Edison’s gadget

Here’s one of Thomas Edison’s gadgets. I can’t remember what it does. Any Loyal Readers care to venture a guess? Part of both my Machinery and Workbench series.

Missed the train, drove the Honda. The repairs seem to be great! I can shift into third without grinding! And there’s no new grease on the interior! Amazing.

I listened to a podcast on diesel engines this afternoon. They were interviewing a guy from Bosch, one of the companies that manufactures a lot of diesel components. When they asked him whether it was still worth it to spend the extra money for a diesel vehicle, given the current outrageous price of diesel fuel and the premium prices they charge for the engines, he was vague and talked instead about how great diesel cars are for the earth. Not a good sign.

So I decided to figure it out for myself. I checked out which 2008 cars are available with diesel engines. Turns out there still aren’t too many, but the Jeep Grand Cherokee does have several engines available, including a diesel. They charge a reasonable $1655 for the diesel above their 4.7 liter non-hemi V8 (the diesel’s only available in an upmarket model, which has a standard V8). Their website says the diesel gets 17 MPG in the city, and Yahoo’s auto website told me the V8 version gets 14 city MPG. Assuming gas/diesel fuel remain at $4.50/$5.50 and that you drive 15,000 miles/year, the gas engine will end up costing you $24107 in fuel after 5 years, and the diesel will cost $25919 (including the initial cost of the engine), for a net loss of $1812. It never catches up – at 10 years the difference is $1970 in favor of the gas engine.

Maybe my numbers aren’t reasonable, though. After all, diesel engines are renowned for their great gas mileage, so maybe Jeep’s numbers are just too low. So I created a fictional car with an engine that costs $5000 extra (not out of line for luxury diesel sedans) but gets 22 miles per gallon. After 5 years, the diesel engine saves you $357, given the constraints documented above. At 10 years, the diesel’s advantage is $5714. At the two-year point, though, the diesel owner is $2857 in the hole.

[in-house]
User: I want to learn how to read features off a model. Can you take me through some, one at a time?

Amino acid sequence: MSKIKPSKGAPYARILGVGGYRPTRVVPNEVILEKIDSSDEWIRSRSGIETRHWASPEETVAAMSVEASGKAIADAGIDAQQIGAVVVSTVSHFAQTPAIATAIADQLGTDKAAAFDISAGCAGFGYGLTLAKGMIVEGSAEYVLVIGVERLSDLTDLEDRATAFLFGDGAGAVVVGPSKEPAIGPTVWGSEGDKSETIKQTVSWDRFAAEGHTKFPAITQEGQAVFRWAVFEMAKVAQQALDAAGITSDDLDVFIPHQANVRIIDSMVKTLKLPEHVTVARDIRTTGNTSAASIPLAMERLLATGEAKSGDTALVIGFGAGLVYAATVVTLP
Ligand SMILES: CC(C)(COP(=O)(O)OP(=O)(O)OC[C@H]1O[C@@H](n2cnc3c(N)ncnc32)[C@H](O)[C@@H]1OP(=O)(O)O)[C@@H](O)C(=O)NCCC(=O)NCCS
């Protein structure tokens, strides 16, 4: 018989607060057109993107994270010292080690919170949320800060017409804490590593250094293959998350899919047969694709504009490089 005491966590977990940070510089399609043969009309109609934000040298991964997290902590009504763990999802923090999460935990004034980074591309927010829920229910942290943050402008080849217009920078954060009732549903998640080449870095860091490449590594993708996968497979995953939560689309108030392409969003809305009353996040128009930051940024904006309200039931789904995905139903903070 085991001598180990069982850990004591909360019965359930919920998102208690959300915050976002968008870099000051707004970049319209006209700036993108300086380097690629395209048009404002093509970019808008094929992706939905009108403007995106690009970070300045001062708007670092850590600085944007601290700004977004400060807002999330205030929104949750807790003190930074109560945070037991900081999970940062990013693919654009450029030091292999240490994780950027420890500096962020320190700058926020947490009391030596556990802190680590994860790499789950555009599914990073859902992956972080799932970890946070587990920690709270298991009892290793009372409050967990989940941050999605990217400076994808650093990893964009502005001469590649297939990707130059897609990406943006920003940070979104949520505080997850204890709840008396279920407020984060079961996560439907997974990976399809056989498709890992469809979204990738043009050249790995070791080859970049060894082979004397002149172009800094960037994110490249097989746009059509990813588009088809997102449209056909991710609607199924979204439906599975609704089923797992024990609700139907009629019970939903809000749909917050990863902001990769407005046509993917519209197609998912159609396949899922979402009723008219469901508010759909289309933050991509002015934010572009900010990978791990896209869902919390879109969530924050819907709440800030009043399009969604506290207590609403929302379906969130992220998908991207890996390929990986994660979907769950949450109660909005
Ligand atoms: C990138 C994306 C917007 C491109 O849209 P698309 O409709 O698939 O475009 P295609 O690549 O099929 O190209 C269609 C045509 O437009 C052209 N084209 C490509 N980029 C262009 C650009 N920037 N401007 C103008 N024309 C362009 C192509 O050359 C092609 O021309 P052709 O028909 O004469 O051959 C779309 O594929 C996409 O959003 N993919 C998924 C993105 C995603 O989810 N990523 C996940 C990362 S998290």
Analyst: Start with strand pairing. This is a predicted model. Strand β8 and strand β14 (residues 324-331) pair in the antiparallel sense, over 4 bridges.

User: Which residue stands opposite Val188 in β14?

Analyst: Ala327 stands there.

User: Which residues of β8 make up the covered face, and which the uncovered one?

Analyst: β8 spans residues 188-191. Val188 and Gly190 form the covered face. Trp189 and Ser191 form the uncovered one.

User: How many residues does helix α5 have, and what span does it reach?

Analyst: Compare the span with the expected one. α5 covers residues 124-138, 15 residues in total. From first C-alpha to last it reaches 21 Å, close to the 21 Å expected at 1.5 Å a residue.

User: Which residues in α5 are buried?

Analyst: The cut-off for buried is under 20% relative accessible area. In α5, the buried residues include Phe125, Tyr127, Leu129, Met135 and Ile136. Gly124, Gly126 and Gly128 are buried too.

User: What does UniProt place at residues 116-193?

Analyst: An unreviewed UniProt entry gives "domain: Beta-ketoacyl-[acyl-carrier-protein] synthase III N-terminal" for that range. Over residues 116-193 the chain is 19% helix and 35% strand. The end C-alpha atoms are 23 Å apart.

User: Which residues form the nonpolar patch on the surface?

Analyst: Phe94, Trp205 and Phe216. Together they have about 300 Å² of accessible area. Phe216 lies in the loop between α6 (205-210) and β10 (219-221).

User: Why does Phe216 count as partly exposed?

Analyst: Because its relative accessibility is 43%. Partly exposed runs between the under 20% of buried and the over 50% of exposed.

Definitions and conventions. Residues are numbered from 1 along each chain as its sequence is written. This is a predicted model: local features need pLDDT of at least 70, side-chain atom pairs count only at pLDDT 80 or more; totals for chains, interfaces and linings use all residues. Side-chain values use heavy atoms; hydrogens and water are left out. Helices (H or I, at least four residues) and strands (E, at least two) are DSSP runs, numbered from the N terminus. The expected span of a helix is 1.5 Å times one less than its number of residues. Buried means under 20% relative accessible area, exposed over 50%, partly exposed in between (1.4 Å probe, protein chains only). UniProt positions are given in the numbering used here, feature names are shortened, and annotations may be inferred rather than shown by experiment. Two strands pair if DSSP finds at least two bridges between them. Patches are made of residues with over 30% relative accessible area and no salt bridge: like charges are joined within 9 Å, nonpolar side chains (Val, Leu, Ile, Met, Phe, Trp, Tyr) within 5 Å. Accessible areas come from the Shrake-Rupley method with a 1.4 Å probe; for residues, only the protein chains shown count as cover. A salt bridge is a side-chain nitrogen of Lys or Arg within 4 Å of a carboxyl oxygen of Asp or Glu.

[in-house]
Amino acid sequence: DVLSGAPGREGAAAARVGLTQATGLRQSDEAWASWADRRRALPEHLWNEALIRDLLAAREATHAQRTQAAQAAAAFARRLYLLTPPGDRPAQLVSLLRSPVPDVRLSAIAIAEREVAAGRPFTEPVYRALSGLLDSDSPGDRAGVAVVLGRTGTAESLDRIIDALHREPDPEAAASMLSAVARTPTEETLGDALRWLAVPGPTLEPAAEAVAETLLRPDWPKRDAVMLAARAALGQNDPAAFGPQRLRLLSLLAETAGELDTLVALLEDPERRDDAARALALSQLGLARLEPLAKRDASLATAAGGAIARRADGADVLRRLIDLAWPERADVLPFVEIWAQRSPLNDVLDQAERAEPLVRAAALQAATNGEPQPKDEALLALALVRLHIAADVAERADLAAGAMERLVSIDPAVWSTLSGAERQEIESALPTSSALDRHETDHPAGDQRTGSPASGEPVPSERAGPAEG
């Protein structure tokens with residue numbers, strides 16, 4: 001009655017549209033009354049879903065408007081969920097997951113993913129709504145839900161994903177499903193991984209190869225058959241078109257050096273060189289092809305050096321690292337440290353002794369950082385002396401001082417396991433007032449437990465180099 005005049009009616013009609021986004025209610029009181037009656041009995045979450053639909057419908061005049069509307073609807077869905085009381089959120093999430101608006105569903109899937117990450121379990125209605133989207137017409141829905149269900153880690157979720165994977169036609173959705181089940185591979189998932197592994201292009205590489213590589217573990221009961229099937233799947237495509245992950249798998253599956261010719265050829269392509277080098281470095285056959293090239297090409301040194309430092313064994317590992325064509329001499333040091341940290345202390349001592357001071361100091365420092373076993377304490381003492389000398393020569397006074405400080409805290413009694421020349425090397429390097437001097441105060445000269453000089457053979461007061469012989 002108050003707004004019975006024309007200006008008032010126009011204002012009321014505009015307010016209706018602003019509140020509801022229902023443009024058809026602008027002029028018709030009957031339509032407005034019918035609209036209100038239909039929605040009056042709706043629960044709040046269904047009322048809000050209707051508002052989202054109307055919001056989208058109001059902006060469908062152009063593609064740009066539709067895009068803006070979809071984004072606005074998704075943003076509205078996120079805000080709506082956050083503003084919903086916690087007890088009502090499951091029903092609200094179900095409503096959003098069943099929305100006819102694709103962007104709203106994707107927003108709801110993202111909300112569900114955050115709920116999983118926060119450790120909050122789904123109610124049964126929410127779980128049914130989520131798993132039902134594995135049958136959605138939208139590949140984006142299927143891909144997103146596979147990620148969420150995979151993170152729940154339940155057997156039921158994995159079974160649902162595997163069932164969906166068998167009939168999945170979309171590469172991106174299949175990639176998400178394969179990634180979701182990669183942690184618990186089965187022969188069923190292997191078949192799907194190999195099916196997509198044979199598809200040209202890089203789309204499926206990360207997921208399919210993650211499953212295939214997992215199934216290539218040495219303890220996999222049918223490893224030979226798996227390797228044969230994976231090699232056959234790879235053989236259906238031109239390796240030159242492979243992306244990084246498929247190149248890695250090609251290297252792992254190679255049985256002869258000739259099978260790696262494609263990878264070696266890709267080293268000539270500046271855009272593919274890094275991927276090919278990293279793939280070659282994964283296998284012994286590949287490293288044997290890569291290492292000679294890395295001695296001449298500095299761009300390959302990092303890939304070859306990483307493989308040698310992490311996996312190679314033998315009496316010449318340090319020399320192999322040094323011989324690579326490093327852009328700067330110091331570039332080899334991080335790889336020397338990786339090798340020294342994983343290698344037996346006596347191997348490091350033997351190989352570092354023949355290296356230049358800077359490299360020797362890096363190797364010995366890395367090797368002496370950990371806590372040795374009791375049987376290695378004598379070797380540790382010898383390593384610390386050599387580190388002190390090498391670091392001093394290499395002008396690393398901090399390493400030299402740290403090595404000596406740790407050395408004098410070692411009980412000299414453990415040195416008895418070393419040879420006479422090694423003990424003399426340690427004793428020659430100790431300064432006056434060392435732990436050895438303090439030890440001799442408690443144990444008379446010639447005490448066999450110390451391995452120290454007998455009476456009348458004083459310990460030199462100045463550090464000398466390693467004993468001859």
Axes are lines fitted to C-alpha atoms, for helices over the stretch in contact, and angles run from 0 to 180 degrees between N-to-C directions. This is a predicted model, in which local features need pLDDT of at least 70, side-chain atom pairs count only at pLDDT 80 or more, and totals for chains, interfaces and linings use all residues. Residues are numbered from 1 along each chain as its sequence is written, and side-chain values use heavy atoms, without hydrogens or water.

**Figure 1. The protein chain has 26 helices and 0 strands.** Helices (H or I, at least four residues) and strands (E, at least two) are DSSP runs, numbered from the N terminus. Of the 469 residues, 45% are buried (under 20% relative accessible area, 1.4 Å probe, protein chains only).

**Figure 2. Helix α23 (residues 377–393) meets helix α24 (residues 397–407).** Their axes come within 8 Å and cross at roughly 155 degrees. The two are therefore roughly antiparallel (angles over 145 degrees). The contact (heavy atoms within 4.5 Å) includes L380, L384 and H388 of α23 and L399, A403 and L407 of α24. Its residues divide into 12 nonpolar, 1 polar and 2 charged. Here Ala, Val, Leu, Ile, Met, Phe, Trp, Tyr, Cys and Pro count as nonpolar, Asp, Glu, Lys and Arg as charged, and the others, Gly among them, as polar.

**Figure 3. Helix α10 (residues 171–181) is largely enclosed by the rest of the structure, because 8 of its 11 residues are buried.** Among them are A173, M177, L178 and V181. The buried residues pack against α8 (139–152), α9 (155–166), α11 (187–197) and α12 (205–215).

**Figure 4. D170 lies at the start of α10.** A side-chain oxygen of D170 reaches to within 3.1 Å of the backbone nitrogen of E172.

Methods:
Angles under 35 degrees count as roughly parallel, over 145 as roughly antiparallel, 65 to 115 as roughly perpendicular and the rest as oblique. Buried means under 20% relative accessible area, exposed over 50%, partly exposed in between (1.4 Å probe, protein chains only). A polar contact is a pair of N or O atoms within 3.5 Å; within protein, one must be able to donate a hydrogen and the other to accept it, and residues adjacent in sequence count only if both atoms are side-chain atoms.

Bottom line: the Jeep diesel is no deal, but if you can find a diesel car that gets substantially better mileage than its gasoline counterpart and you plan to keep the car for an unusually long time (substantially longer than five years), it’s definitely better to spend the extra money on the diesel. For the most part, though, the oil companies are taking all the money. As usual.

Of course, I didn’t look at the differences in resale values, which may or may not give the advantage to the diesel. It depends on the future relative price of fuels, the unpredictable relative reliability of the two engine types (although diesels do have a reputation for durability, 1980’s GM models notwithstanding), and lots of other variables. Feel lucky, punk? Well, do ya?

Anyway. Thanks to my Loyal Readers for their insightful comments on the beer commercial controversy. The consensus seems to be that making the commercial was bad for Kirby’s career path. Tsk tsk, Kirb. And do as he says, Loyal Readers, not as he gets paid to pretend to do.

Today’s controversy: want some good advice? Keep your bathrooms clean, men. Why, you ask? Because ladies love clean bathrooms. Controversial question: which song is lamer?

Time to do something else. See you tomorrow.

Leave a Reply